21 January 2009

History is Whose Story?

Filed under: Christianity, Culture, First Lines — ktismatics @ 4:33 pm

Yesterday on the steps of the US Capitol the evangelical leader Rick Warren stirred a bit of controversy by concluding his inaugural invocation with a recitation of the Lord’s Prayer — a distinctly Christian prayer of course. I was surprised more by how he began:

Almighty God, our father, everything we see and everything we can’t see exists because of you alone. It all comes from you, it all belongs to you. It all exists for your glory. History is your story. The Scripture tells us “Hear, oh Israel, the Lord is our god; the Lord is one.”

“Hear, oh Israel” — this is the beginning of the Shema from Deuteronomy 6. Having wandered through the wilderness for forty years after fleeing Egypt, the Jewish people stand on the east bank of the Jordan, ready to cross over into the land of Canaan, also called Palestine. Moses has just delivered the Ten Commandments in Deuteronomy 5, and now he’s giving the people a set of final instructions and warnings before they surge across the river to take what God says is rightfully theirs. It’s at the beginning of the very next chapter that we read Moses’ instructions regarding what should be done with the current occupants of the land:

“when the LORD your God delivers them before you and you defeat them, then you shall utterly destroy them. You shall make no covenant with them and show no favor to them.” (Deuteronomy 7:2)

Is it mere coincidence that Warren chose of all things the Shema as the opening theme for his invocation at this particular juncture in history? I don’t think so.



  1. I noticed a similar comment from you on OST a couple of days back. I’m struck by the casualty figures from the most recent Israeli attack on the Canaanites: 1300 (not yet final) Gazans to 13 Israelis (Final – and including the very few victims of the rocket attacks). Almost all the victims on both sides are civilians i.e. collateral damage.


    Comment by samlcarr — 22 January 2009 @ 12:03 am

  2. I realize that the Shema is a general-purpose invocation, but do such texts ever fully escape their original context? Even its beginning: “the Lord our God, the Lord is one” — in Hebrew “Lord” is “Yahweh,” the name of the Hebrew god. Part of the reason Moses gives for slaughtering all the locals is that their practice of worshipping gods other than Yahweh will corrupt Israel if allowed to persist.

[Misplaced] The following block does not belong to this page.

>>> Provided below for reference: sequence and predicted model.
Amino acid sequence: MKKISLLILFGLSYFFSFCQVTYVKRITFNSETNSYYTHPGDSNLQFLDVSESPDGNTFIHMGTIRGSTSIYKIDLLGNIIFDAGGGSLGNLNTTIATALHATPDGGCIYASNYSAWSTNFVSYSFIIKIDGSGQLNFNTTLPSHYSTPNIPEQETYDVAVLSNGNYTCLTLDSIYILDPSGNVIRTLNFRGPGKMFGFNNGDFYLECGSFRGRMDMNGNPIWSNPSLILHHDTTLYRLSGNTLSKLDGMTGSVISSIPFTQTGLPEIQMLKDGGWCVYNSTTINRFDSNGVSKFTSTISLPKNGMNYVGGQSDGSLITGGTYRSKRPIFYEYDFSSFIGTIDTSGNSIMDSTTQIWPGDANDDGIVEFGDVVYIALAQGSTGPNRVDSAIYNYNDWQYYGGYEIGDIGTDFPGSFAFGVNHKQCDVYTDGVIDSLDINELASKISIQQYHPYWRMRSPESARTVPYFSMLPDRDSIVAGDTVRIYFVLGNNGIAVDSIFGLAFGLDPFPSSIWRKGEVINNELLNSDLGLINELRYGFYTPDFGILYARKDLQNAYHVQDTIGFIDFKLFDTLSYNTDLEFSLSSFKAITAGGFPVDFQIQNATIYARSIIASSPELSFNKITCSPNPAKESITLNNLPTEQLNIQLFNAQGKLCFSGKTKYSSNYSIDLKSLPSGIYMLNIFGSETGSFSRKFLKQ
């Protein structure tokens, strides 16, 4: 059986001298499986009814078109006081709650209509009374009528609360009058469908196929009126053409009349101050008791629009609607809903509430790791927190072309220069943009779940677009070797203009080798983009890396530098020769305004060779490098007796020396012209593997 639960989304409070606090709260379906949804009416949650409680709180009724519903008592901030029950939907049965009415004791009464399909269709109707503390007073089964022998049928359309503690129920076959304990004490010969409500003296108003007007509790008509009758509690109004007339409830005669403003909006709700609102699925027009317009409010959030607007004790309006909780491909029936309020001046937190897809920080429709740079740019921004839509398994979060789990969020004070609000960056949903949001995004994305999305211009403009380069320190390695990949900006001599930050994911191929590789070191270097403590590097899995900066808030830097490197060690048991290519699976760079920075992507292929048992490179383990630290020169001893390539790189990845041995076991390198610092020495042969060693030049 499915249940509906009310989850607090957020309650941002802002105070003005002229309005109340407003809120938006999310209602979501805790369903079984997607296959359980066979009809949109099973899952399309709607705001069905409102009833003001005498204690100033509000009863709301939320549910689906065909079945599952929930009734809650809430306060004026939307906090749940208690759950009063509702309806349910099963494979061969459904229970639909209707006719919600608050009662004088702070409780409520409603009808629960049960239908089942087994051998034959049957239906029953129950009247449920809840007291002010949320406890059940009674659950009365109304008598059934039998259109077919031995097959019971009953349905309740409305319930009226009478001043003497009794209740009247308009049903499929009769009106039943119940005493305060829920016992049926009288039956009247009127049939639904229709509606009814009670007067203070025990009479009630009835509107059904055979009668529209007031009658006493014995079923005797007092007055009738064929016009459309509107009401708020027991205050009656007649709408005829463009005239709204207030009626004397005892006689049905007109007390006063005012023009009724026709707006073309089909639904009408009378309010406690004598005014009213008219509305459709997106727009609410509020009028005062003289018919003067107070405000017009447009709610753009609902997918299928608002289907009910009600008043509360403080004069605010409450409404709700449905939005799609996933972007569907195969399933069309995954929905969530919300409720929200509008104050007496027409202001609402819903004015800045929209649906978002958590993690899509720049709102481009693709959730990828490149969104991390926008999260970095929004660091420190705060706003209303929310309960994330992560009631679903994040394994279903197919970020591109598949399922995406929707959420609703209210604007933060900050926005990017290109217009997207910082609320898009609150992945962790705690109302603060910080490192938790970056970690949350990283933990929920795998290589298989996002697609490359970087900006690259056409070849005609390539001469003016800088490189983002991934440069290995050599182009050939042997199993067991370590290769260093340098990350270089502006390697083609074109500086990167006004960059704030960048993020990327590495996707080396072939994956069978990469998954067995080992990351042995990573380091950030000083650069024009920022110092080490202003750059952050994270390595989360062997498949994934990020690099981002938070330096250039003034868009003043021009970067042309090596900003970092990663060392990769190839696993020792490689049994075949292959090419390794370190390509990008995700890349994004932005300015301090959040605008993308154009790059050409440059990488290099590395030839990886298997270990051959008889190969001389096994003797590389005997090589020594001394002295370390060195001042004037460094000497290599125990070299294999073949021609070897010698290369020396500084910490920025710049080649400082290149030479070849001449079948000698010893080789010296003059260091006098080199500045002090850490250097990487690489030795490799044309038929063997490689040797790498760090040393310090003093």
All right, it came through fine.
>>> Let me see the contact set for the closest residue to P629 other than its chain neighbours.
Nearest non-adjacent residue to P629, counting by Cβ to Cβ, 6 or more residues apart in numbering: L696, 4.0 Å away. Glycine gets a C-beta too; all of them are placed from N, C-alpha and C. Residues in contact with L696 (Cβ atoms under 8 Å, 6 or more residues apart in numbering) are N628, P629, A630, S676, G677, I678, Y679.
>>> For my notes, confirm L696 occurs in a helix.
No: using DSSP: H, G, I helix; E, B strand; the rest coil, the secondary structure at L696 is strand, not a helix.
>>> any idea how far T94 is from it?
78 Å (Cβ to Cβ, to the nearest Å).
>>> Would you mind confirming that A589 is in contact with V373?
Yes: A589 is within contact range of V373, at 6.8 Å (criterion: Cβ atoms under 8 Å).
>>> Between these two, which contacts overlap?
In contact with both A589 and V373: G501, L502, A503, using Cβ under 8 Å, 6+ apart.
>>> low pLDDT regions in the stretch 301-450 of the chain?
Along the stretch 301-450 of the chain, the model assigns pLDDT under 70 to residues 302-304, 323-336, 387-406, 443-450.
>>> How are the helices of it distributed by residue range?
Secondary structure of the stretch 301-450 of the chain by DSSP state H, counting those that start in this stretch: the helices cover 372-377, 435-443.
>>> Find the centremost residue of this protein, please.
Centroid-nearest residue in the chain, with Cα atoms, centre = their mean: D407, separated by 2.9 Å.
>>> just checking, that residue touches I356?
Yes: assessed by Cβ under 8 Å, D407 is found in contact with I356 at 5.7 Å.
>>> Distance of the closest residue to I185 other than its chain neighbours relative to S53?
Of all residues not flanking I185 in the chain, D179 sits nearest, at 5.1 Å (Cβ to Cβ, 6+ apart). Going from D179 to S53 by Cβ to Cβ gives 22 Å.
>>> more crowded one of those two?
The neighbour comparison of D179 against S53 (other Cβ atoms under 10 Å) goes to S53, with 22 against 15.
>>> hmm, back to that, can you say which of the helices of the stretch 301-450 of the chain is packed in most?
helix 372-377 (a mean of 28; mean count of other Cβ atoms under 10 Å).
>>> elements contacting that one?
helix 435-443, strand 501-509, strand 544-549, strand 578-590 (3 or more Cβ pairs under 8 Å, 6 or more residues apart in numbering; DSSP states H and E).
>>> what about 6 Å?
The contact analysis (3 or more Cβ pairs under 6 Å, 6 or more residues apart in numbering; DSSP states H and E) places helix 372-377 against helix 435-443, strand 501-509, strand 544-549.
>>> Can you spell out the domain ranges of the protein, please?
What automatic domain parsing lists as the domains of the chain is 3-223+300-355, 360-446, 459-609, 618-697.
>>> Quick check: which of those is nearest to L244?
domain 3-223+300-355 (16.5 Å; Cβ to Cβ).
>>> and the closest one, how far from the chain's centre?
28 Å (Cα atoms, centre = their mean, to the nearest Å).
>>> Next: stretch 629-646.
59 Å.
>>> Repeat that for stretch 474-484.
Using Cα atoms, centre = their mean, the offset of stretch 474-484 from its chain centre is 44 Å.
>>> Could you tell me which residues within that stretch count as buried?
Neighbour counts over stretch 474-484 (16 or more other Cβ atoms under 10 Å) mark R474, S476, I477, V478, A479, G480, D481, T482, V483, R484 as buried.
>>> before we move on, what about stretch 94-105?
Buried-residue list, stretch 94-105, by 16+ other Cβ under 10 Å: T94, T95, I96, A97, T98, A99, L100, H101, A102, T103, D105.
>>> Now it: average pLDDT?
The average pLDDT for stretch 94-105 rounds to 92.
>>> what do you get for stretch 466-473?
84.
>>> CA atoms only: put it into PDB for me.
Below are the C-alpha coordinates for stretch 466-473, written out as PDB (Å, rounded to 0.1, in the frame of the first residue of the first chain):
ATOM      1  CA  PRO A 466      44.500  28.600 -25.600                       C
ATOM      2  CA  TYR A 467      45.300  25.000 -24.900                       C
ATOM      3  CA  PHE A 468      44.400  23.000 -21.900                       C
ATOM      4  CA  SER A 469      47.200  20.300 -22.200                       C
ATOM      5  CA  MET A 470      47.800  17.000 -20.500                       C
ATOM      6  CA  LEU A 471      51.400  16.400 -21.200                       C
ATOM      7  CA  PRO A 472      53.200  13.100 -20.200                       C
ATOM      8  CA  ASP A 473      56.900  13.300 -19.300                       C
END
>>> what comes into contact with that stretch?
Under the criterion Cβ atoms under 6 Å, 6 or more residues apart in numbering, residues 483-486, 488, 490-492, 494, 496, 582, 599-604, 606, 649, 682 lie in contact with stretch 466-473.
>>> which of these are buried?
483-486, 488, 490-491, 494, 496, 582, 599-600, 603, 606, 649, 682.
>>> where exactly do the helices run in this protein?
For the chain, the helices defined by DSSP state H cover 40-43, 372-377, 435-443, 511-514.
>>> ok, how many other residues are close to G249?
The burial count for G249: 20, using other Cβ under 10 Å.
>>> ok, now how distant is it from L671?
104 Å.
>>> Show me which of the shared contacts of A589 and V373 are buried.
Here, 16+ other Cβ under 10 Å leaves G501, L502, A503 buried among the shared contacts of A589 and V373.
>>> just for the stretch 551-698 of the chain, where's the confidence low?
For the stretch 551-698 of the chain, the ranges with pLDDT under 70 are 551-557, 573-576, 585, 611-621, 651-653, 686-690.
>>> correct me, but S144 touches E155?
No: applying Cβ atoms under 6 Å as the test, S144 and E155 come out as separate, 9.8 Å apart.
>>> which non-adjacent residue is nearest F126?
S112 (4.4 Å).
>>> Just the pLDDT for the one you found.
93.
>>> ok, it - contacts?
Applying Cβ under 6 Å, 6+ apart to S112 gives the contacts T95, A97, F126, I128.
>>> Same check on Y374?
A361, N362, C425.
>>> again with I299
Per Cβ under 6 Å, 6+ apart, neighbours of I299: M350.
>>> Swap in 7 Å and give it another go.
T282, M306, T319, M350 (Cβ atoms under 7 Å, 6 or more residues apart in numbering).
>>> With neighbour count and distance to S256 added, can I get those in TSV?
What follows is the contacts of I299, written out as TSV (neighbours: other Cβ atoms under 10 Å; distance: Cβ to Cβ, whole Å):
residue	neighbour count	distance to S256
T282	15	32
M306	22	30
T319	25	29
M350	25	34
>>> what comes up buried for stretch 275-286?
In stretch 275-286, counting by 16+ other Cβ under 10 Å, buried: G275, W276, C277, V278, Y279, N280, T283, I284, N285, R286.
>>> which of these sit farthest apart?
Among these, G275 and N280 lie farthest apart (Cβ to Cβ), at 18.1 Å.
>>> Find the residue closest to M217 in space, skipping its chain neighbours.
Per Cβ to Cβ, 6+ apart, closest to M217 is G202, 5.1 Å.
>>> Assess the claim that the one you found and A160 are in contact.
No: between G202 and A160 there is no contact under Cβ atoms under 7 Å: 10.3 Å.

Now that Israel is unilaterally restoring the status quo ante, Gaza will doubtless receded from public view in America. In the last public opinion poll prior to the withdrawal that I saw, 4 times as many Americans blamed Hamas as blamed Israel for the current conflict. In a poll taken two weeks earlier, when Israel was bombing but hadn’t yet launched the ground invasion, US public opinion was more evenly divided, with Democrats being far more likely than Republicans to regard Israel as the aggressor. Obama remained silent during the attacks, but most of the Democrats in congress publicly supported Israel. Press updates invariably included as background that the conflict began in response to Gaza’s launching of missiles into Israel — by sheer repetition this became accepted fact, as if everything had been A-OK in Gaza-Israel relations until then.

    There are plenty of reasons why the American government unconditionally supports Israel, but I believe the Biblical interpretation of “history as His story” plays a significant part in shaping public opinion. Obama had already been criticized by liberals for selecting Warren to deliver the invocation, inasmuch as Warren had been active in overturning the gay marriage law in California — so it’s not as though Warren is apolitical in his religious practice. In heading toward the close of his invocation he introduced the author of the Our Father prayer as Yeshua — the Jewish name for Jesus — again underscoring the Jewish-Christian connection and its long association with US politics.


    Comment by ktismatics — 22 January 2009 @ 6:21 am

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